Photo: Delegation from Guinea with posters of Guinean president Sekou Toure
During the summer of ’69, four thousand artists representing thirty-one nations and six African liberation groups converged on Algiers, Algeria for ten mind blowing days. Conceived by member states of the Organization of African Unity two years earlier, the Pan African Cultural Festival was envisioned to be a “presentation of modern and traditional theater, dance, music and art exhibitions.” In the words of the Algerian President Boumedienne the festival was going to be a “passionate outpouring of cultural nationalism.” Poets, dancers, musicians, photographers, intellectuals, freedom fighters, politicians, diplomats, and journalists all descended on Algiers to share in a transnational dialogue on the future of African unity.
In addition to performances, panel discussions were held to address the state of continental political affairs. One of the more pertinent philosophical questions put on the discussion table was: Can culture be used as a weapon of liberation? Festival participants didn’t reach much of a consensus, and unfortunately conflicting political positions overshadowed the dynamic musical exchange on display. However, the festival was one those rare moments in history where one could get directly exposed to the musical genius of Africa and her diaspora.
Photo: Eldridge Cleaver, leader of the Black Panther Party for Self-Defense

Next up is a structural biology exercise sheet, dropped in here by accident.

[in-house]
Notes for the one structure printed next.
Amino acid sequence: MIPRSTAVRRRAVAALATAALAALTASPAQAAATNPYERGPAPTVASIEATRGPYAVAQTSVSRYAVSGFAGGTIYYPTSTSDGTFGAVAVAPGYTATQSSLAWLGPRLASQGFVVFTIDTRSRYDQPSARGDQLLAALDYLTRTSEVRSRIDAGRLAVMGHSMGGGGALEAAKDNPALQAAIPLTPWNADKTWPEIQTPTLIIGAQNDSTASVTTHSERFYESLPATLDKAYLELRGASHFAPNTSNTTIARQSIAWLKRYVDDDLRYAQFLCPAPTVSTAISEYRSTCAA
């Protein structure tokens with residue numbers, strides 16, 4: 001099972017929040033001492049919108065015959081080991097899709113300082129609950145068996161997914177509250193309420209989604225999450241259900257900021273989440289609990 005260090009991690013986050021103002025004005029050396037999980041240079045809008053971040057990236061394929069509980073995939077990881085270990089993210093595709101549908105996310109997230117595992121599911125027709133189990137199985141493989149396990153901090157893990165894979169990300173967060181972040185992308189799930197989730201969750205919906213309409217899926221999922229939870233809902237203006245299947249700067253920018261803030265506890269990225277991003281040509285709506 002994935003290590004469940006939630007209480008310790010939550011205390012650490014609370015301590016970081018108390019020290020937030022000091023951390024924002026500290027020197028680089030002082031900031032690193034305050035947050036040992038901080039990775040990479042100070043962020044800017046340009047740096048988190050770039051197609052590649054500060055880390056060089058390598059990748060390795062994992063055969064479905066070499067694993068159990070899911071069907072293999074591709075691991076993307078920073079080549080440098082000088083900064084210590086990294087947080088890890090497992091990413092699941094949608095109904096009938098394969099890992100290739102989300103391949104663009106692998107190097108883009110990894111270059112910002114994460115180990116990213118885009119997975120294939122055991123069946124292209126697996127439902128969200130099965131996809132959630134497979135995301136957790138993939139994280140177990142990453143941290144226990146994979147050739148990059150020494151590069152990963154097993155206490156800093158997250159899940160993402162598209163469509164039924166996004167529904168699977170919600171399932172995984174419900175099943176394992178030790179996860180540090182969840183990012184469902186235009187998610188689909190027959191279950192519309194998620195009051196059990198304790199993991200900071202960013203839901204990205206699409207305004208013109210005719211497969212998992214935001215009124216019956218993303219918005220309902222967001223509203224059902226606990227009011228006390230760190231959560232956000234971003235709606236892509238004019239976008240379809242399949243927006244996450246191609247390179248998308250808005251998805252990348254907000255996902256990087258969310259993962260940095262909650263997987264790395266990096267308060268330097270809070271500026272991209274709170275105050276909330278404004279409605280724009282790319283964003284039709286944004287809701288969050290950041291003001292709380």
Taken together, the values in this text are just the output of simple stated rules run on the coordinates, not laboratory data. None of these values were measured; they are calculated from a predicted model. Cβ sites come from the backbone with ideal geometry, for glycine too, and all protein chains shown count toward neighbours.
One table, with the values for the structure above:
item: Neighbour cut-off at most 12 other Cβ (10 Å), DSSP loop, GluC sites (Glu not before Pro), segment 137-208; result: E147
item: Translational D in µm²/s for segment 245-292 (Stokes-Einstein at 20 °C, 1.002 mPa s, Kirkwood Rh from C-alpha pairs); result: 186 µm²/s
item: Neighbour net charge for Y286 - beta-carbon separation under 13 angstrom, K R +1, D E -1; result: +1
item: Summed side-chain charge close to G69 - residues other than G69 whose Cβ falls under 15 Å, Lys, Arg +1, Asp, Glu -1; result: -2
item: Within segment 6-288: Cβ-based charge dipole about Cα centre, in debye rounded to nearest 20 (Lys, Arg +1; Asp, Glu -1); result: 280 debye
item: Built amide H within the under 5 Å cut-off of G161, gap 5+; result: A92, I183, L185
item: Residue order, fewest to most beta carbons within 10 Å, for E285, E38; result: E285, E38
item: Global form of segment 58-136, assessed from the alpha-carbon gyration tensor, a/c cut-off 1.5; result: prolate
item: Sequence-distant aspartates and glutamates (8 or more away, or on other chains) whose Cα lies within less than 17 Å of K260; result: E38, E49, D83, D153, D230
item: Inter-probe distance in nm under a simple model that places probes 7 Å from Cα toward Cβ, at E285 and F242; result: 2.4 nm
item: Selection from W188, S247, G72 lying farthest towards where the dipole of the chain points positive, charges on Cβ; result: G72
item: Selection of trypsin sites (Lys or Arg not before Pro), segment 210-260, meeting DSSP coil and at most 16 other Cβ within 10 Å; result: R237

Photo: Live performance by Archie Shepp, Ted Joans, and others.
For Moroccan born French photographer, Bruno Barbey, the festival provided the chance to visually document all things associated with African arts and culture as it all converged in the North African capitol city. Barbey was particularly captivated by the presence of Black Panthers, African American political activists who were forced into exile and living in Algiers and other African countries such as Eldridge Cleaver and Stokely Carmichael. When covering the Panthers by day, Barbey snapped a number of photographs of the live musical performances by a bad ass delegation of African American artists, including jazz saxaphonist Archie Shepp; the poets Haki Madhubuti and Ted Joans; jazz vocalist Nina Simone; jazz drummer Max Roach; writer Nathan Hare; playwright Ed Bullins; and gospel singer Marian Williams.
Photo: Stokely Carmichael
Over the course of those ten glorious days of reconnection and rebirth in Algiers, where spoken word and free jazz licks blended with African folk sounds, Barbey and his camera somehow managed to skillfully bear witness to an intriguing historical and transcultural exchange.